If your WordPress install is on a subdomain, then your URL will lead with the subdomain name:

subdomain.example.com/login/

or

subdomain.example.com/wp-login.php

Directly Accessing the WordPress Admin

Once logged in, you can directly access the admin area of your site using these URLs:

www.example.com/admin/

or

www.example.com/wp-admin/

Both of these URLs check that you are still logged in to your site and redirect to your site’s admin area.

Methods to Remember Your Login URL

You don’t have to remember your login URL by heart. There are a number of ways to save your URL login for handy access at any time.

Save While Surfing

The easiest way to ensure you never lose your login URL again is to simply bookmark it in your browser. See below for how to bookmark it in the most popular browsers.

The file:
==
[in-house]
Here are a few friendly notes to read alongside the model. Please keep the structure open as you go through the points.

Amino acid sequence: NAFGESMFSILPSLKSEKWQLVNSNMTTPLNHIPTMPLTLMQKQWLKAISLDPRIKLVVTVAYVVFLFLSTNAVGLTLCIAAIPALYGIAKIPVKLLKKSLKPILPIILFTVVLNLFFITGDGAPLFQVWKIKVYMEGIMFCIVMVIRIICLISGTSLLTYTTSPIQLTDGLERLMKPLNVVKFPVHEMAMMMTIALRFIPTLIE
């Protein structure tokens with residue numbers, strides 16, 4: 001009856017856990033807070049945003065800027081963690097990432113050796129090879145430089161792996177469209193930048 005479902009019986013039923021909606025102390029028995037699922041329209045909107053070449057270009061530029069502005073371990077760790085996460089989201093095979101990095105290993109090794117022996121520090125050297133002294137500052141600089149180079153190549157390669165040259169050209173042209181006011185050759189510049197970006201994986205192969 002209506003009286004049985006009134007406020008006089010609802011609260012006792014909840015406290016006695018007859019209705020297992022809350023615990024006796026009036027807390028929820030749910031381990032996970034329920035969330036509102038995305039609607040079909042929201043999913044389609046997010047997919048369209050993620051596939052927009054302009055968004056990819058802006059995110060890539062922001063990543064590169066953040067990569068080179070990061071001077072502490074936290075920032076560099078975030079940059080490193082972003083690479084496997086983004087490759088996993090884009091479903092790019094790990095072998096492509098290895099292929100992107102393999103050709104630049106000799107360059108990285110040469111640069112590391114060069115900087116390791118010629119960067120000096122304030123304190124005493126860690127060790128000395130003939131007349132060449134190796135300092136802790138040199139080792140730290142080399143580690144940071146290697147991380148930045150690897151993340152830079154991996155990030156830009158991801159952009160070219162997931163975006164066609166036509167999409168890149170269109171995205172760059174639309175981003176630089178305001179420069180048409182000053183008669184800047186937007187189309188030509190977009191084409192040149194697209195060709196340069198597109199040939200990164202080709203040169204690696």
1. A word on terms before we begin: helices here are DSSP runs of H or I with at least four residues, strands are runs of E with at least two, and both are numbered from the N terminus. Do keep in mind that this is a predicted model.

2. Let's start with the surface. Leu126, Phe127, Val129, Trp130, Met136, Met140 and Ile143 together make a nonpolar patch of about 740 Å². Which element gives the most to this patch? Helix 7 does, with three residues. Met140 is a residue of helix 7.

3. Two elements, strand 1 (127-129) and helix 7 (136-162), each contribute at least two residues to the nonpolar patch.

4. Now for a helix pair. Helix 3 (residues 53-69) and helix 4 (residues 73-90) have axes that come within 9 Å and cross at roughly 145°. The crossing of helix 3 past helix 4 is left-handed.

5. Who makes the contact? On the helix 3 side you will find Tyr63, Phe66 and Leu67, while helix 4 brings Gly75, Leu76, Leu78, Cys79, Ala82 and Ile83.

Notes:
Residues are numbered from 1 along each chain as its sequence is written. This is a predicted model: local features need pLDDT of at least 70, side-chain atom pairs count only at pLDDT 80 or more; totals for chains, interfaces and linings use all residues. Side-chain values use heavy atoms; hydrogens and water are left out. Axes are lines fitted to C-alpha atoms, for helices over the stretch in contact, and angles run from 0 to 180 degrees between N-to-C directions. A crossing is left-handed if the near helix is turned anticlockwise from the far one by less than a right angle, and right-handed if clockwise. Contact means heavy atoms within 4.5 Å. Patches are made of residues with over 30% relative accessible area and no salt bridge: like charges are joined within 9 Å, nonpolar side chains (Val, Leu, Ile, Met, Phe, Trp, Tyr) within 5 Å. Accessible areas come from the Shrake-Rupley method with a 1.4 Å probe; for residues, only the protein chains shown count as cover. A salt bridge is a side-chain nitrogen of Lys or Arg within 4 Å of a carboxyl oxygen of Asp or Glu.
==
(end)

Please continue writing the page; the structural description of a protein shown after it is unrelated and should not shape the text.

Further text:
Chrome

From the toolbar 3-ellipses icon dropdown, select Bookmarks > Bookmark This Tab.

Bookmarking in Chrome is a cinch.

Or, click on the star icon in the URL field, then select Add Bookmark. The star turns blue when the page is bookmarked, and a window will pop up so you can name it, and/or select folder location.

Starring is the quickest way to save a bookmark in Chrome.

Safari

Click Bookmarks from the toolbar, then choose Add Bookmark.
(Or, press Command+D).
Choose where to add the bookmark (default is Favorites), and rename it if you like.
Click Add.
Bookmarking a page in Safari browser.

Firefox

Click on the star in the address bar.

The star turns blue when a page is bookmarked in Firefox, and a pop up will let you name or move it.

Once bookmarked, you’ll have a quick and easy direct link to login to your site without having to commit your login address to memory. (If you’re like me, that’s a very flimsy commitment.)

Bonus with Branda

We also have a great plugin to help you stay logged in. Using the Remember Me feature in Branda, you can set the login page to remember you by default.

To do this, go to the Branda Dashboard > Front-end > Customize Login Screen, and click the Activate button.

Step one in using Branda’s “Remember Me” feature.